You might as well try to write a grammar book. What is a verb? Define it, please!
Back when people were living in caves, if Ugh the storyteller came up with a neat little tale about how those fluffy white things in the sky were sentient beings of some sort, and how when they darkened and poured down torrents of water it meant this thing or that thing, the tribe gave him a chunk of meat to eat even though he hadn’t been involved in the hunt.
That was a pretty good deal for Ugh. If he was a thoughtful person maybe he really believed his story was possible. Perhaps he was actually engaged in honest speculation. So let’s call him the prototypical science-fiction author.
On the other hand, maybe Ugh was a mystic who truly believed the clouds were departed spirits or whatever. So was he a fantasist, then? Well, if you allow the concept of "spirits" into your worldview in the first place, is it really mysticism at all? I would answer no. So Ugh should be considered a mainstream author in that case.
And in fact, since the estates of ancient cave dwelling authors aren't protected by current copyright law, you could legitimately riff on one of his old stories without fear of consequence: Cloud People—Today's Generation.
Ah, but you know that clouds aren't sentient beings, don't you? Then I'm sorry to tell you this, bub, but you've just moved into the fantasy authors' ghetto. The welcome wagon will be along to visit you shortly.
Now, at some point, some bright soul in Ugh's tribe probably noticed that water evaporates in the sun. And sooner or later people will generally notice that fog and mist feel wet, and that they both resemble clouds. So eventually the tribal consensus would have been that clouds are a form of water.
But as long as nobody could prove it, well, we'd still have some wiggle room.
Nevertheless, if Ugh's grandson had continued the "sentient cloud" series a generation later, when everybody finally "knew" that clouds were made of water, he'd probably also have been labeled a fantasy author.
Do you see what I'm getting at?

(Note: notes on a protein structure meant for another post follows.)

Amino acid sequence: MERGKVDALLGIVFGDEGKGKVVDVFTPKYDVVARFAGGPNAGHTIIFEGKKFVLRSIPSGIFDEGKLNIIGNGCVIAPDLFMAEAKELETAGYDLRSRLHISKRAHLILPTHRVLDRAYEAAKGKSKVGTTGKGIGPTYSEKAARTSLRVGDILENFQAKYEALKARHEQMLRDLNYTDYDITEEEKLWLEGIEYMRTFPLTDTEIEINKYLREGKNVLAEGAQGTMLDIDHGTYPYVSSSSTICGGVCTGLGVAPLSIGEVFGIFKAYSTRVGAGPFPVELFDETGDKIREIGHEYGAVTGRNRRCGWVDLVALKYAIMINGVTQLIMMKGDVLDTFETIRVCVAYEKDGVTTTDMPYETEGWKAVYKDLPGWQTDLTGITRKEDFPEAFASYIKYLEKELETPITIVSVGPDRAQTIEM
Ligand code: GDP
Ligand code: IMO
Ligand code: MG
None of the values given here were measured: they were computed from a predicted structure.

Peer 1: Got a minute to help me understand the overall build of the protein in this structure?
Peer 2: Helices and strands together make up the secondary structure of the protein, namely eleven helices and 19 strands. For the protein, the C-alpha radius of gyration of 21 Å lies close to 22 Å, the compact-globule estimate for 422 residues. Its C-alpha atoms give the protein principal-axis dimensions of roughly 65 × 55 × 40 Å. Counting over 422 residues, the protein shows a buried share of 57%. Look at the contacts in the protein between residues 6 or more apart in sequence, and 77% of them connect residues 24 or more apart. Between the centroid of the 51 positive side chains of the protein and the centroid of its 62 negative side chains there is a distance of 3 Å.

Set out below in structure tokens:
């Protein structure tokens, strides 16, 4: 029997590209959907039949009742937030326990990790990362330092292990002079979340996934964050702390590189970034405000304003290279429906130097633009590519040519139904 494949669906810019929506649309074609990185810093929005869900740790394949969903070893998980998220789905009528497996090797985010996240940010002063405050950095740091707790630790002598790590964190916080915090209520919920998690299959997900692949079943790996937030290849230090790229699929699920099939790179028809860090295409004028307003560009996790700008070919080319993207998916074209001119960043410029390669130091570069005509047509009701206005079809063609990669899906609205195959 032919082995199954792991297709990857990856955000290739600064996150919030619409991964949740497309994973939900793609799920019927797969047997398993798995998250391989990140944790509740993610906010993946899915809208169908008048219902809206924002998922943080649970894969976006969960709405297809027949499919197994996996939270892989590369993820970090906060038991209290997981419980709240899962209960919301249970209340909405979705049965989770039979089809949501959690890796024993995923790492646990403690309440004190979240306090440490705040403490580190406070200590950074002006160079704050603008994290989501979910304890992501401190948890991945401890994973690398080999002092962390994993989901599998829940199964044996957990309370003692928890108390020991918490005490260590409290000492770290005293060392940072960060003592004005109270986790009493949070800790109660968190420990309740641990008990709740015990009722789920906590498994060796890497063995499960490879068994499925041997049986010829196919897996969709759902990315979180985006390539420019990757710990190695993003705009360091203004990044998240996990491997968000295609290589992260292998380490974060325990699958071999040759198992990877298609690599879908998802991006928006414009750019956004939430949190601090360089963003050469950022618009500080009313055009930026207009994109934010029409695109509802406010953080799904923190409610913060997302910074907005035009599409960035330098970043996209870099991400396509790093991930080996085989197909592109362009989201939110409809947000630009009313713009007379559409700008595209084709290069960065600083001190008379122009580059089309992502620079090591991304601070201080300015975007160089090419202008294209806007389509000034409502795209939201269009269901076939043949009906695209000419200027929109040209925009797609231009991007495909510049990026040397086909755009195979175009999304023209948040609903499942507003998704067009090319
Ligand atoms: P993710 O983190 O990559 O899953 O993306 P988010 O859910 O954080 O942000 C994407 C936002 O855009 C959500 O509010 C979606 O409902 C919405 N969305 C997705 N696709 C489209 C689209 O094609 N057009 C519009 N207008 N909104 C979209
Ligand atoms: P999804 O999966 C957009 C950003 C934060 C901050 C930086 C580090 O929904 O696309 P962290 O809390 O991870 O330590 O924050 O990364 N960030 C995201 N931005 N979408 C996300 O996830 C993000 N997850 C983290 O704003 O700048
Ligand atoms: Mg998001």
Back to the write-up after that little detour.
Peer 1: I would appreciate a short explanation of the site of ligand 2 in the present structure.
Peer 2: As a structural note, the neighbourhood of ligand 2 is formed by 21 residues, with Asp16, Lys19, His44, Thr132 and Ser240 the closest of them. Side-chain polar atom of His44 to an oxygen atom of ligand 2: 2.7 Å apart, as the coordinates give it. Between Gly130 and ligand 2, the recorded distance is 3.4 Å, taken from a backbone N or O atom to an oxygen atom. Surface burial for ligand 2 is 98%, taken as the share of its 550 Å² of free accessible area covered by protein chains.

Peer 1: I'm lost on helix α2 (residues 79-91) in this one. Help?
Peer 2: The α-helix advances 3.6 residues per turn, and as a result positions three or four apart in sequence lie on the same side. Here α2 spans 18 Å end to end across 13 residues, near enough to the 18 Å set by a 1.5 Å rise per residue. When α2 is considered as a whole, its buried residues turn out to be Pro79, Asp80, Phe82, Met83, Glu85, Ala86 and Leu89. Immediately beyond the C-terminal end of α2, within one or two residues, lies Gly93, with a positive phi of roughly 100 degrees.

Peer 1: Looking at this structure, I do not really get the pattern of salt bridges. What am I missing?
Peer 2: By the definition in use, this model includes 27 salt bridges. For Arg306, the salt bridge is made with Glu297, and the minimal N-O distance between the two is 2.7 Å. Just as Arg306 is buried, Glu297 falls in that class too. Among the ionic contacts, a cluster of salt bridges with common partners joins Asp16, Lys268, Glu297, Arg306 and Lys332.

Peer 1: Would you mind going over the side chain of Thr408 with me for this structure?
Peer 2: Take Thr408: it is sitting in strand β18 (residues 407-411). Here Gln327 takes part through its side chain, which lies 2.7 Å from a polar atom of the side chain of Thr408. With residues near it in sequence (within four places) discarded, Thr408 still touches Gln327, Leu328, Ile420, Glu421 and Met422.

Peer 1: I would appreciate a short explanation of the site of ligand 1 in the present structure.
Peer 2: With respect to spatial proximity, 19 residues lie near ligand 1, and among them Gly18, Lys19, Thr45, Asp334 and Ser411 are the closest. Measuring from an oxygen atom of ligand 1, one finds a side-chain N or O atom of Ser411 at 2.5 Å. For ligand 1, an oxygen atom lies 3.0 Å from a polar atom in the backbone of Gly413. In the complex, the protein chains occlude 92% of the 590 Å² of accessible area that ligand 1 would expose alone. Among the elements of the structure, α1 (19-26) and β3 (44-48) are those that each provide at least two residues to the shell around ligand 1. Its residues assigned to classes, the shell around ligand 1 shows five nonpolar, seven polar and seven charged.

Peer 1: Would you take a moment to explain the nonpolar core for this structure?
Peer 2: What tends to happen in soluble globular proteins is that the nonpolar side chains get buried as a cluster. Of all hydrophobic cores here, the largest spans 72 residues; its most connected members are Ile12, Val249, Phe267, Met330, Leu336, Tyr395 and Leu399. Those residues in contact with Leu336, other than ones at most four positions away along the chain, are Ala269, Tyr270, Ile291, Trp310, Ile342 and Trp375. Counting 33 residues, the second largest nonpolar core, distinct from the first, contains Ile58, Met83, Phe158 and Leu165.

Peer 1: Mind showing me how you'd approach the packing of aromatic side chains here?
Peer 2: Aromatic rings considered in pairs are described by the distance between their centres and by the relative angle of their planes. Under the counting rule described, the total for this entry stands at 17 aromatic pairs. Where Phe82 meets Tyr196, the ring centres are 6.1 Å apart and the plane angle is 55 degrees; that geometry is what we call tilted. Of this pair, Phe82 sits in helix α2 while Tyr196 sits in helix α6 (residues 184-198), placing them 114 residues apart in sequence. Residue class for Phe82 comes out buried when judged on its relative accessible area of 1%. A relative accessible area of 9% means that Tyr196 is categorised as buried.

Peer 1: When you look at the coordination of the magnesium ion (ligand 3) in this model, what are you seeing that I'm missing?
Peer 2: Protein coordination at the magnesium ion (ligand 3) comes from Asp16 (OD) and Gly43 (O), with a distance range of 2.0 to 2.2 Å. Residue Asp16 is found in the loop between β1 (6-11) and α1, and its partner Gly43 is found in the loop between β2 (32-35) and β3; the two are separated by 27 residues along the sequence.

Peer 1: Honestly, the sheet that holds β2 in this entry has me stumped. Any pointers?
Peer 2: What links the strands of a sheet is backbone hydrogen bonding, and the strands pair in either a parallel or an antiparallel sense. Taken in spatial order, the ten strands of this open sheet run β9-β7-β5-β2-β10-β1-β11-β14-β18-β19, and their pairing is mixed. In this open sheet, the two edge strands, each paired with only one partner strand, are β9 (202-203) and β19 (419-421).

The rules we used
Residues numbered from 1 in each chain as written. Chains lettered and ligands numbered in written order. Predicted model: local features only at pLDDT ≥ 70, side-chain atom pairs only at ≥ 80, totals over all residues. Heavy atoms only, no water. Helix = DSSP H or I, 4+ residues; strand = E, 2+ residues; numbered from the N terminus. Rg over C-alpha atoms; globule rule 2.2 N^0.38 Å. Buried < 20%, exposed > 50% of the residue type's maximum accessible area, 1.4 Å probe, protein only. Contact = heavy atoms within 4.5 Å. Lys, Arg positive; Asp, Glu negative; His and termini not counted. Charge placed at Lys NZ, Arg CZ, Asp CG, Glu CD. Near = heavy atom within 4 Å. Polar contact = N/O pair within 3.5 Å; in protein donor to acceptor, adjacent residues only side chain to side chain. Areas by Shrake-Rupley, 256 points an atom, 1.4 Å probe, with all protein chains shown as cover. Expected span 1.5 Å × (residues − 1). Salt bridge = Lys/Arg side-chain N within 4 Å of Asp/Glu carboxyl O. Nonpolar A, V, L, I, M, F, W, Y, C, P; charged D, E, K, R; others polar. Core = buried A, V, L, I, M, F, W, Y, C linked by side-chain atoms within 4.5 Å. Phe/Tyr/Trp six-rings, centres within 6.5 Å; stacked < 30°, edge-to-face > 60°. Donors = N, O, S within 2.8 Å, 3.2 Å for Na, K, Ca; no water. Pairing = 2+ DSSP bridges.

I recently saw a great article by Lois McMaster Bujold on this subject (it was on the CD-ROM that was included with Cryoburn). She opined that science fiction aficionados were seeking a "sense of wonder", whereas fantasy buffs were looking for a "sense of the numinous".
She's written some great stuff in both genres, so I'm inclined to listen to her.
Now, she didn't say this, but it seems to me that the "sense of wonder" people are basically in awe of the natural universe but don't care to have dogmatic explanations shoved down their throats. Which means their ranks will include atheists (who are quite the dogmatists themselves, ironically enough), agnostics (some of whom could go either way), and a large group of quite sensible people who intuitively have faith and are open to amazing possibilities.
Conversely, I think the "sense of the numinous" folks are more in awe of the very fact of existence itself, and are a little less blown away by its outward manifestations.. They wish to find something they're longing for rather than to discover something new.
What something? Again, their ranks will include many sorts of folks, and their answers to that question will vary all over the map.
There, is that all vague enough for you?
Obviously, the two fandoms aren't mutually exclusive. There are people who like both genres.
As far as that goes, lots of scientifically-minded people have a mystical/religious streak. I fall into that category myself. And I definitely like both genres.
How about you?